Friday, July 5, 2013

Cleveland Orchestra/Blossom Festival Band: A Salute To America

I've lived in Cleveland for about eight years and two weeks. Tonight, Rachel and I headed out to Blossom for my eighth fourth of July with Loras John Schissel* and the Blossom Festival Band. The first half of the program had some staples, but a number of fresh and very enjoyable pieces. An intermission snafu** had me too livid, and Rachel in too much physical pain to really enjoy the second half, though, I didn't get the sense of much fresh blood there to begin with.

As always, first up on the program was the traditional Star Spangled Banner.  Immediately following, Joseph Wilcox Jenkins' American Overture for Band blew fresh air into the pavilion and created the imagery of wide open prairies, neighborly small towns, and even a hint of industry -- one of my favorites from the program. While listening to Sousa's Century of Progress, an addition to the program, I found myself thinking--and jotted down the note "feels like music for a World's Fair exhibit" (thinking of the faded old film strips of the "world of tomorrow" from the '30s and '40s) -- and Mr. Schissel satisfied my curiosity by mentioning that it was written in anticipation of the 1933 Chicago World's Fair.

Ballad for Band, Morton Gould's contribution as the fourth piece on the program, started significantly more subdued than the other pieces on the program and developed like a starless night before firing off some fireworks and ending with a musical kiss goodnight. Fillmore's Miami, another addition to the program, didn't do much for me but the sounds made me think "cruise ship". Lincoln's Funeral March scored for band by Jari Villanueva based on the original piano score by General J.C. Barnard, though tugged more firmly on the heartstrings and much more vivid imagery: I could see the horses drawing the casket past mourners dressed in black, but in the same token while the music was respectfully mournful, while hinting at optimism. Claudio S. Garfulla's Quick-Step: Skyrockets was a bit less compelling and was largely disrupted by a yakking family in the row behind us.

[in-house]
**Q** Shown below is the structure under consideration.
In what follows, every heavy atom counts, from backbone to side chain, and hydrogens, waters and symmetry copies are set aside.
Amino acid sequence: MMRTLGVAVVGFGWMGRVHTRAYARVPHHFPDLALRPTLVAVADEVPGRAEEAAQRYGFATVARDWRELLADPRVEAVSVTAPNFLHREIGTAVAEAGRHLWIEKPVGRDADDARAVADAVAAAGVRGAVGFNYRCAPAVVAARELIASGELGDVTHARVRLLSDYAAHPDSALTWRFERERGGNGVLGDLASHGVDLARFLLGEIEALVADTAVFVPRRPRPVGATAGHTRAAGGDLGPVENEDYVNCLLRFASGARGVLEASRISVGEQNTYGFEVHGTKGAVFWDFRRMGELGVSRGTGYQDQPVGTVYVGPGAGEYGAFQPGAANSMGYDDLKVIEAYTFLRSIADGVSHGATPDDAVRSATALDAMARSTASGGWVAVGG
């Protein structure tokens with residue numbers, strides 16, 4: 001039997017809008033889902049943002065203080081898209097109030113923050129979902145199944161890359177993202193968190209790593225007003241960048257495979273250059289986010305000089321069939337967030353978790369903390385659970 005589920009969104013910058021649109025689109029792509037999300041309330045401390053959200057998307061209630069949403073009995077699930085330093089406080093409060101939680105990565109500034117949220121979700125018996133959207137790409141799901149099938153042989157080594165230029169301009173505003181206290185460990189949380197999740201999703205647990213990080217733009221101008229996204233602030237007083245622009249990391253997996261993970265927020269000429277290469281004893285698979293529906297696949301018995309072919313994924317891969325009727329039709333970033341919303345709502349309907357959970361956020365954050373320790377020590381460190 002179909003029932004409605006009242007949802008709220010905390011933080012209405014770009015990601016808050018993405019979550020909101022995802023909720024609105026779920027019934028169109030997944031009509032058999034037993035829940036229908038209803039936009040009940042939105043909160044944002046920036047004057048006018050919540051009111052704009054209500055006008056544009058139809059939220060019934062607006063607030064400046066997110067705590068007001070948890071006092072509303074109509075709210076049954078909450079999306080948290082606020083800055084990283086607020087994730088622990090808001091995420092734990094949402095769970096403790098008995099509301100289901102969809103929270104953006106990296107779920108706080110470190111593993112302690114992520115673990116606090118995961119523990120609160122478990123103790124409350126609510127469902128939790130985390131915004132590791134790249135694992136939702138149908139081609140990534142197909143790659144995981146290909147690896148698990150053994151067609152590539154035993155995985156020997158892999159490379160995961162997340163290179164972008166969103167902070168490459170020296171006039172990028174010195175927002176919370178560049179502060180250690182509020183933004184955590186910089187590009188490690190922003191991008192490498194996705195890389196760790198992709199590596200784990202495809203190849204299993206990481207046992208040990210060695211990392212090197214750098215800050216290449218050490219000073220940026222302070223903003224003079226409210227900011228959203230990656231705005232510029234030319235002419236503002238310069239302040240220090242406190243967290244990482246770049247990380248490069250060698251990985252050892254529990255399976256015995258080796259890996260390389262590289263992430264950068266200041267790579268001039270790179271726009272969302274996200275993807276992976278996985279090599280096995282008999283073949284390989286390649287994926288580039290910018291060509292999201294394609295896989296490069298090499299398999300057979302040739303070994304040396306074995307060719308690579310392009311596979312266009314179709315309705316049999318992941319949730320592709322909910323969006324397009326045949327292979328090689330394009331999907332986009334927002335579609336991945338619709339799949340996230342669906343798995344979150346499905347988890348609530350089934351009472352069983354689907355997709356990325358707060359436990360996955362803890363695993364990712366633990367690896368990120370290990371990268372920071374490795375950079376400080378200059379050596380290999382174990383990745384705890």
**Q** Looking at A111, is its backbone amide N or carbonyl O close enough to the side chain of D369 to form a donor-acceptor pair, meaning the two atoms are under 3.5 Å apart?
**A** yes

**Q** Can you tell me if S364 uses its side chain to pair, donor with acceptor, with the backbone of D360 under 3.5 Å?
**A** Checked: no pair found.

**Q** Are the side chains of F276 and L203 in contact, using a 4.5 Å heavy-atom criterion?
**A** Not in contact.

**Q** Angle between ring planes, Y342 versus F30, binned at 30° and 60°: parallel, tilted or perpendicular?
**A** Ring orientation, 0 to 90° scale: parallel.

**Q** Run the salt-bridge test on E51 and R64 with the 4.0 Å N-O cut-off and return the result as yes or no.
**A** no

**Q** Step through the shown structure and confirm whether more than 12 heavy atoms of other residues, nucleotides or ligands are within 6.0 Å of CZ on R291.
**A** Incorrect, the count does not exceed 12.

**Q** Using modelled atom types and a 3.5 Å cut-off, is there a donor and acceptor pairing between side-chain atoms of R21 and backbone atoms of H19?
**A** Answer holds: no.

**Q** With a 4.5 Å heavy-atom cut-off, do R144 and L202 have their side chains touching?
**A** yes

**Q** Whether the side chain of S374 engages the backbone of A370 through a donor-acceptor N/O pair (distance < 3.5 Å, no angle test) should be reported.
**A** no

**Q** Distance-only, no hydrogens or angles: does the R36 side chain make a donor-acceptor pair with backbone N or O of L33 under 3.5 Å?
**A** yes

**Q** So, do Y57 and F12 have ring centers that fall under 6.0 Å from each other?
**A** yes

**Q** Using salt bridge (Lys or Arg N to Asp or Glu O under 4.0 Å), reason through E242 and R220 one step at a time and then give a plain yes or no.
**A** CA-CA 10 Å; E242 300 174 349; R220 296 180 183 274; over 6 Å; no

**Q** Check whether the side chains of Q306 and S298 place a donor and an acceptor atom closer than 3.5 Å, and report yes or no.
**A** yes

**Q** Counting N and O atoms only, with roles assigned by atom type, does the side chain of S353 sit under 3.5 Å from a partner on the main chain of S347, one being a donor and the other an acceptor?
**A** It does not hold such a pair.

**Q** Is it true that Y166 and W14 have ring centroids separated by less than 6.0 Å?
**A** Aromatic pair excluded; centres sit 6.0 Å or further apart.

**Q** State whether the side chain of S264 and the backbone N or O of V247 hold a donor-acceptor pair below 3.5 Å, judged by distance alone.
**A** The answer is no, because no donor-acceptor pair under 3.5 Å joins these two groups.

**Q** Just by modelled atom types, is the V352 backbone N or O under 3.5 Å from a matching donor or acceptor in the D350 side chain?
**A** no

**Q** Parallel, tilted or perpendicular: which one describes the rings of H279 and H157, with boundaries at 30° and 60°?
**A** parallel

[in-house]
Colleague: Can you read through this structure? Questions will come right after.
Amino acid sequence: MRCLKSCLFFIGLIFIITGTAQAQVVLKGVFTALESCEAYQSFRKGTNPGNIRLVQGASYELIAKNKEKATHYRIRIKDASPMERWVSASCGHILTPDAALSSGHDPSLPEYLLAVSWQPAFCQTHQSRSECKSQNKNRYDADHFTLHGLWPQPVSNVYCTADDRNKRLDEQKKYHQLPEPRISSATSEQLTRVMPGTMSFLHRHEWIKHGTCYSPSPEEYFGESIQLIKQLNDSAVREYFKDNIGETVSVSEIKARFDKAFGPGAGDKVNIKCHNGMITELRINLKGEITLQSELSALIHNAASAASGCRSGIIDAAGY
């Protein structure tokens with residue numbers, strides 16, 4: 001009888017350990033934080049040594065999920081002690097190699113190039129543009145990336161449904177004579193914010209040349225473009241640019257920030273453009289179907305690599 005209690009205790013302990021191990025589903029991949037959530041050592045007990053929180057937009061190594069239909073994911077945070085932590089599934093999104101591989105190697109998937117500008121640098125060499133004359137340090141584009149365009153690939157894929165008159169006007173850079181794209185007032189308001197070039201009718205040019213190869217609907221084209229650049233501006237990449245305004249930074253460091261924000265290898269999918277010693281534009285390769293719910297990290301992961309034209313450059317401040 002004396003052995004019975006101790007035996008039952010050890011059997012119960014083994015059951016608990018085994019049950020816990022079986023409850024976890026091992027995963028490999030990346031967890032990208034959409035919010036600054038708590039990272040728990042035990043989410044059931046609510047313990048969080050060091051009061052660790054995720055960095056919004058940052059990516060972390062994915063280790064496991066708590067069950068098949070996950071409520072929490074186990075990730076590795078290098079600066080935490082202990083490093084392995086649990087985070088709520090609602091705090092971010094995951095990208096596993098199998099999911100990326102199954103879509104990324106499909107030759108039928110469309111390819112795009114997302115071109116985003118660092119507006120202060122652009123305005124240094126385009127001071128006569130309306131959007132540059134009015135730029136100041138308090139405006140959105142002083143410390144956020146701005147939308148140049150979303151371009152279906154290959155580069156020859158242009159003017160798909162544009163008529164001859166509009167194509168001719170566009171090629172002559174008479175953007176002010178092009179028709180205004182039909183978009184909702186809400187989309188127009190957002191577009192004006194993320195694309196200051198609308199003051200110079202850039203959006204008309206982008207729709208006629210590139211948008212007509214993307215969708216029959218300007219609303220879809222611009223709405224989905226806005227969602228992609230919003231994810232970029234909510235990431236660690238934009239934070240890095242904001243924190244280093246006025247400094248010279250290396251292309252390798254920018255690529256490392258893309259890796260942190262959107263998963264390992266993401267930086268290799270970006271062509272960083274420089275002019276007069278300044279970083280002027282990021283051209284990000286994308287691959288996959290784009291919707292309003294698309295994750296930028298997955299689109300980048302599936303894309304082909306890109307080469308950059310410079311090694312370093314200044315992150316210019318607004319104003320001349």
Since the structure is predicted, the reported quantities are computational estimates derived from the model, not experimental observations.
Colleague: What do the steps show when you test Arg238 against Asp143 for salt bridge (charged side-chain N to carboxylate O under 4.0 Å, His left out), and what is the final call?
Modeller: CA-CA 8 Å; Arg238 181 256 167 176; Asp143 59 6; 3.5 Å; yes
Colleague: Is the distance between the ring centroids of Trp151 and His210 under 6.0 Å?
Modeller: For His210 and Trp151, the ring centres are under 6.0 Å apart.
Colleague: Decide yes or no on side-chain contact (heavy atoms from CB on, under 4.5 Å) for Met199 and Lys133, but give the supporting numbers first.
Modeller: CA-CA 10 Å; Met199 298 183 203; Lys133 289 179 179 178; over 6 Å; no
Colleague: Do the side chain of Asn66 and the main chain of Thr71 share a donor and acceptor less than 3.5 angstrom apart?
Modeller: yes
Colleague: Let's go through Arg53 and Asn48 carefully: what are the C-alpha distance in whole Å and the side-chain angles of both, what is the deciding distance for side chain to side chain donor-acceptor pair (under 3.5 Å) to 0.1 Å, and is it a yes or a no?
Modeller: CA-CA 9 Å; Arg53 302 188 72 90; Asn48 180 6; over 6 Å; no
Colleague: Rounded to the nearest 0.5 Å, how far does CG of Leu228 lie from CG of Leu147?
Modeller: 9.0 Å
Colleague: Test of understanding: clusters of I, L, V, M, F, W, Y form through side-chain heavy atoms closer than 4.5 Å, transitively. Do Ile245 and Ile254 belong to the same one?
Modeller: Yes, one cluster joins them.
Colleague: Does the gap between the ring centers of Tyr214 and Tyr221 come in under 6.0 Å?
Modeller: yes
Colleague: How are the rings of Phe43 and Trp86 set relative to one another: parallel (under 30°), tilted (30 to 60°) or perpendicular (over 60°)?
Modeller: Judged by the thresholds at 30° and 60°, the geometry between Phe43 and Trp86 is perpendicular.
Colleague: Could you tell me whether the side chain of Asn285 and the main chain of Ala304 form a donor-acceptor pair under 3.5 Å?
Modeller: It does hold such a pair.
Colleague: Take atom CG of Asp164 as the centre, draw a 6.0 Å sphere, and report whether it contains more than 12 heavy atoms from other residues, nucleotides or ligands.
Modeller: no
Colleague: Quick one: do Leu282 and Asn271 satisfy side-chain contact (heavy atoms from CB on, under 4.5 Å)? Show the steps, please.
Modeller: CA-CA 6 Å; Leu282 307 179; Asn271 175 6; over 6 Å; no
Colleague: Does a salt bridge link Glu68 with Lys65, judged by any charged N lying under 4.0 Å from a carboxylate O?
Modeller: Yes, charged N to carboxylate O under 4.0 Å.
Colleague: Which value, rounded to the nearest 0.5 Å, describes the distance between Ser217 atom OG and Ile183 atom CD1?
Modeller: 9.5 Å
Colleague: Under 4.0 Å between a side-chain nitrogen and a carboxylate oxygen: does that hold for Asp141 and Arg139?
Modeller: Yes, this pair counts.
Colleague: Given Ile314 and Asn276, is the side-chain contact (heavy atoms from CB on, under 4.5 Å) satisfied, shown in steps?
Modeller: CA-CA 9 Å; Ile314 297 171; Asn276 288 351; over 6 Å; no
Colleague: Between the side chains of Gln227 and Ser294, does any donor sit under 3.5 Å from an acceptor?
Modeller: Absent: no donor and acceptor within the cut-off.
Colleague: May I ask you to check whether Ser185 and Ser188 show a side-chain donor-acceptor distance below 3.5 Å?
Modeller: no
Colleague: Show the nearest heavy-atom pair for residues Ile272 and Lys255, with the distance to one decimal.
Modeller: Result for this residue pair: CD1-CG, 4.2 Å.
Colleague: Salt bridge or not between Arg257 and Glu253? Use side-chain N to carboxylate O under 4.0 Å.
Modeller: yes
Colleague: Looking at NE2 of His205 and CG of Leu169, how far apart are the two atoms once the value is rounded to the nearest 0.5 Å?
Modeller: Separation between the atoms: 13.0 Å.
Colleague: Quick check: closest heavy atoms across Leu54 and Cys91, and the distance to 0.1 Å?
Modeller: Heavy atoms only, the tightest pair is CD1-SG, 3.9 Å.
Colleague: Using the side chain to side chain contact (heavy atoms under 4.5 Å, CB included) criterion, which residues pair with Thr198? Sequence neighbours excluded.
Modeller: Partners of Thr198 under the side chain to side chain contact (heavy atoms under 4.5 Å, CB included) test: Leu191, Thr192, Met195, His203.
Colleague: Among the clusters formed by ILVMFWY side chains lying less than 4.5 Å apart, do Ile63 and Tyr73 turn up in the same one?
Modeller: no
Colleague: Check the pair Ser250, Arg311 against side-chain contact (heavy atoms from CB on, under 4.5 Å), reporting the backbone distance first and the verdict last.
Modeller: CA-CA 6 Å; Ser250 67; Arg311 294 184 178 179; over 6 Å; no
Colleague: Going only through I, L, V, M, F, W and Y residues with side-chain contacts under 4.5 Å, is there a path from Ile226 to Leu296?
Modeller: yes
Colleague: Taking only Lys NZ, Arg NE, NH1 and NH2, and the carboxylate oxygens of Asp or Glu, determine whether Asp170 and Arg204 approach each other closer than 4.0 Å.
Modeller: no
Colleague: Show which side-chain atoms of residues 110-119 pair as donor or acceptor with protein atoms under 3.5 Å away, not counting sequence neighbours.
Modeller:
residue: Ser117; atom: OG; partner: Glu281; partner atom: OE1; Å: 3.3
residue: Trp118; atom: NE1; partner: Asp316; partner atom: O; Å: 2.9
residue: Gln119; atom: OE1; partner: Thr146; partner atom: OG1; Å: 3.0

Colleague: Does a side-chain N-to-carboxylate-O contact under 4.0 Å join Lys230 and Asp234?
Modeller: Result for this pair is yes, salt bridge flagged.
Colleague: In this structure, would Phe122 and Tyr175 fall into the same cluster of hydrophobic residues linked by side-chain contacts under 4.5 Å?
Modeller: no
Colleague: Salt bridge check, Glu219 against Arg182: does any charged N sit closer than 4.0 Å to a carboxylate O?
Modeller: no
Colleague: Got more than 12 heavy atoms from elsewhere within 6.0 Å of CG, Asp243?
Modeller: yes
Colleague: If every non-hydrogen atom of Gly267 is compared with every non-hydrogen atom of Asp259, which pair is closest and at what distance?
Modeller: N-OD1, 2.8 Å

The eighth piece is listed in the program as Music from Taras Bulba by Franz Waxman and announced as the Ride to Durbano (sp?) and seemed appropriate for a gallop or old-time convertible jalopy ride. Closing out the first half of the program was the light fun of Wilson's A Hunting Scene (complete with animal calls) and the staple, Sousa's Semper Fidelis.

As mentioned, we had no warning of the impending end of intermission, and though my paranoia had Rachel and I heading back to our seats in the pavilion, we were still in transit when the orchestra started tuning and the first piece of the second half. If performed as programmed, Music by George-Lyrics By Ira: A Gershwin Medley--instead of hearing that piece, Rachel, a couple dozen other patrons and I were hearing ushers say that they knew no warning chimes could be heard and it was a ongoing problem but offer no real apology. My blood was still boiling for the second piece -- again, if performed as programmed that would be Leroy Anderson's Serenta.

By the third piece, my irritation had calmed and was replaced by concern for Rachel who was not looking at all comfortable -- and by this point we had reached the rote standards that form part of the Independence Day obligation -- the traditional March-Past of the U.S. Armed Forces, Tchaikovsky's Overture The Year 1812 (incidentally, through Mr. Schissel's commentary I learned that it's only really been an Independence Day staple since the Boston Pops played it in 1976 -- only a bit more than 30 years ago). God Bess America and Stars and Stripes Forever rounded out the musical program before the fireworks started.

*- Senior Musicologist at the Library Of Congress. Incidentally, it's interesting how many unique visitors from the Washington DC area this post in previous years has picked up.

**- Long story, but it involves the customary chimes to warn the impending end of intermission either not being played or not being played at an adequate volume (with a number of unhappy consequences)

No comments:

Post a Comment